The entire battle had not been long. In fact, it had not really been a battle at all. It was a massacre. The ones in charge of protecting the people were nothing more than a small village’s unprepared men. They were not soldiers. They were farmers and hunters. Such a small place had nothing to offer its attackers, except perhaps for food and water, the bare essentials. Yet the army that marched against them was too large for a tiny village such as this to provide any meaningful sustenance. Surely the people of the village had not been in the way! They were innocent and insignificant, useless and powerless. This was murder. The tiny town was just practice, just a little bit of fun to an army as great as the one that had stomped through here. What made their odds of survival all the worse was the fact that this was not an army of men. It was an army that none could believe existed, made up of monsters and men that might as well have been monsters.
Surely the strange young man must be mad. All of the innocent lives lost, and he was being philosophical. It seemed horrible, one last cruel violation of the hearts of the people of the slain village. He was right, though. The dying man was the last of his village. The other men, and all the women and children, were dead. Small flames licked at the remainders of the houses, which were all that was left. It was kind of peaceful, now that the dying man thought of it. His eyes followed his spirit’s languid flight to the heavens, and never closed again.
“Pathetic”. The young man said it to no one in particular, with distain dripping from his voice. Everyone was gone now. “His last moments on this earth and he chose to think about peace and quiet”. His cold words seemed to settle over the village like a shroud. The sun was setting, and mist swirled at the edges of the village. Eyes peered through the misty darkness, and bizarre, twisted shadows began to take shape. A lone snarl came from the forest behind the crushed hut. It seemed to pose a question more than a threat. “Yes, alright. I’m coming. Let’s go”. An icy chill swirled from one edge of the decimated village to the other, and the young man was gone. The menacing shadows melted into the softer shadows of the twilight hour.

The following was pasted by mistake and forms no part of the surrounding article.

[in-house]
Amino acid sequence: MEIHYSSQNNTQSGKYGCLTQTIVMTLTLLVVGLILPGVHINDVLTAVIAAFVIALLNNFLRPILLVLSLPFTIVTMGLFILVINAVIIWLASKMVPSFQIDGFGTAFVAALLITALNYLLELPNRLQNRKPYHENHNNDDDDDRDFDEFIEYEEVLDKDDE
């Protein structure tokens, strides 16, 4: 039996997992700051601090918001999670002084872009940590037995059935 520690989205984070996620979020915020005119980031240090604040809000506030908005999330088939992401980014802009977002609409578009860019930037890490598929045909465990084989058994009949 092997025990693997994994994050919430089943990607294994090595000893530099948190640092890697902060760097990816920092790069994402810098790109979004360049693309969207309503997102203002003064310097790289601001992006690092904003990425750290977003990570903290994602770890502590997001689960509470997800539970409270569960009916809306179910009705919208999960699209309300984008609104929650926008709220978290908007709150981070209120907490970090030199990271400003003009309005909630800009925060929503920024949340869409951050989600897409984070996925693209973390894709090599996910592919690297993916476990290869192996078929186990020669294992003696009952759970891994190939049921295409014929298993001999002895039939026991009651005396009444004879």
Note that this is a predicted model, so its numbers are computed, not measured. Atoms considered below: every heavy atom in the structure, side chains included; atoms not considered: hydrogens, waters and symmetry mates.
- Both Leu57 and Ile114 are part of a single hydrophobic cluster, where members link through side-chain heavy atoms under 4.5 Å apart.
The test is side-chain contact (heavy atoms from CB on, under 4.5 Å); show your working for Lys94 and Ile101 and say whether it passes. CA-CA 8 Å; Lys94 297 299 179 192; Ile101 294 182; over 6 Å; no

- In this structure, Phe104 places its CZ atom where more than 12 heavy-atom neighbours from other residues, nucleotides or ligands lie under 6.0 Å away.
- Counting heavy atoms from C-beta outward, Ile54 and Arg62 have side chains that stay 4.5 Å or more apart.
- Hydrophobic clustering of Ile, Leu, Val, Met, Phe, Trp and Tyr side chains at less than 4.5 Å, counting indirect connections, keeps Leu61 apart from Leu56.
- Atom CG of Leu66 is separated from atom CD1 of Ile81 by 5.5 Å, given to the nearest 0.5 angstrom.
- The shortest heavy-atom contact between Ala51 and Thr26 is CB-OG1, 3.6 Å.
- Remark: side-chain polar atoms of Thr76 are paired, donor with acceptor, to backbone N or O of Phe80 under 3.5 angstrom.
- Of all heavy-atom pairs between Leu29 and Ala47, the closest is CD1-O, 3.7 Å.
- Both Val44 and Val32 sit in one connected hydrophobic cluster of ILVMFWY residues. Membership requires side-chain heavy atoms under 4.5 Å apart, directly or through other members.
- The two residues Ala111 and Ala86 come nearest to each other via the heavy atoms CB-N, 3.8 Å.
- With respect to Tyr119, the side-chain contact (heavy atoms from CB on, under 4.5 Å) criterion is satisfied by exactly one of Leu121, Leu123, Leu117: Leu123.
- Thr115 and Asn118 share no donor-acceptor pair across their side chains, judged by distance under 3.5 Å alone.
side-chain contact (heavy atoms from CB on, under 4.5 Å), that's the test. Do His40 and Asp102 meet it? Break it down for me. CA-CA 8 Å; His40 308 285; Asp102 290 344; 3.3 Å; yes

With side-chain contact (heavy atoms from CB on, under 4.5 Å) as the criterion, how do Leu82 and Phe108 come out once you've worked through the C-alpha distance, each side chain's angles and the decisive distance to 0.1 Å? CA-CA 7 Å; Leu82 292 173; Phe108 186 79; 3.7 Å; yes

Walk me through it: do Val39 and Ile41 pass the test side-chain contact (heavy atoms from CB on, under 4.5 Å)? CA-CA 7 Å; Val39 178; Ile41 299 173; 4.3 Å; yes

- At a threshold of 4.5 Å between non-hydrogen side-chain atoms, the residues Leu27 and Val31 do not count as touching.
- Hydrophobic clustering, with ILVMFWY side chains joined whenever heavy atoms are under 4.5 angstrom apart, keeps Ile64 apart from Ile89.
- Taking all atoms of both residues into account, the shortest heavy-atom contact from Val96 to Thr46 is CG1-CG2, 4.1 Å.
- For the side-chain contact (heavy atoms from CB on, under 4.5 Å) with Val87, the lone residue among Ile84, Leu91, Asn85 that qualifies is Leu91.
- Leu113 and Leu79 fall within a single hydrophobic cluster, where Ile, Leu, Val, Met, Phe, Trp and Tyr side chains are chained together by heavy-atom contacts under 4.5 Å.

A rattling came from the crushed hut at the edge of the village, and then the soft crying of a child.


Input, people! Let me know what you think. Thanks! I hope you enjoyed it.

5 comments:

Anna said...

Well this is fascinating, it's well written stuff. Reminds me very much of This Other Eden by Ben Elton (a wonderful book by an amazing author, give it a read if you haven't). Can't help but feel like you laid it on a little thick though? You can't make people care about a character just by making him a father, or by throwing a dead horse into the picture... mind you, that passage is out of context, I can't really judge it fairly just from that!

I have a lot of respect for people who can write this kind of thing though. I love writing fiction; never seem to finish it though!

Barry said...

Beyond the beauty of language and plot, really good fiction is filled with little surprises, as cliche is replaced with novelty.

Plot is hard to judge in this short excerpt, but your language has a tough beauty and there were enough little surprises along the way to keep me eagerly following along.

Well done.

Rick Rosenshein said...

Hi there,
Thank you for visiting my blog. I greatly appreciate it and hope that you will return often. Thanks again and keep up the great work on your blog. Rick

Marie-Antoinette said...

Good stuff, the images are very stark though, but I like that. It's not too sentimental. It's structured well too...it kind of reminds me of Donna Tartt 'The Little Friend', for some reason. Keep posting extracts!

The Vengeance said...

Thank you all so much for your imput!! It is very much appreciated! <3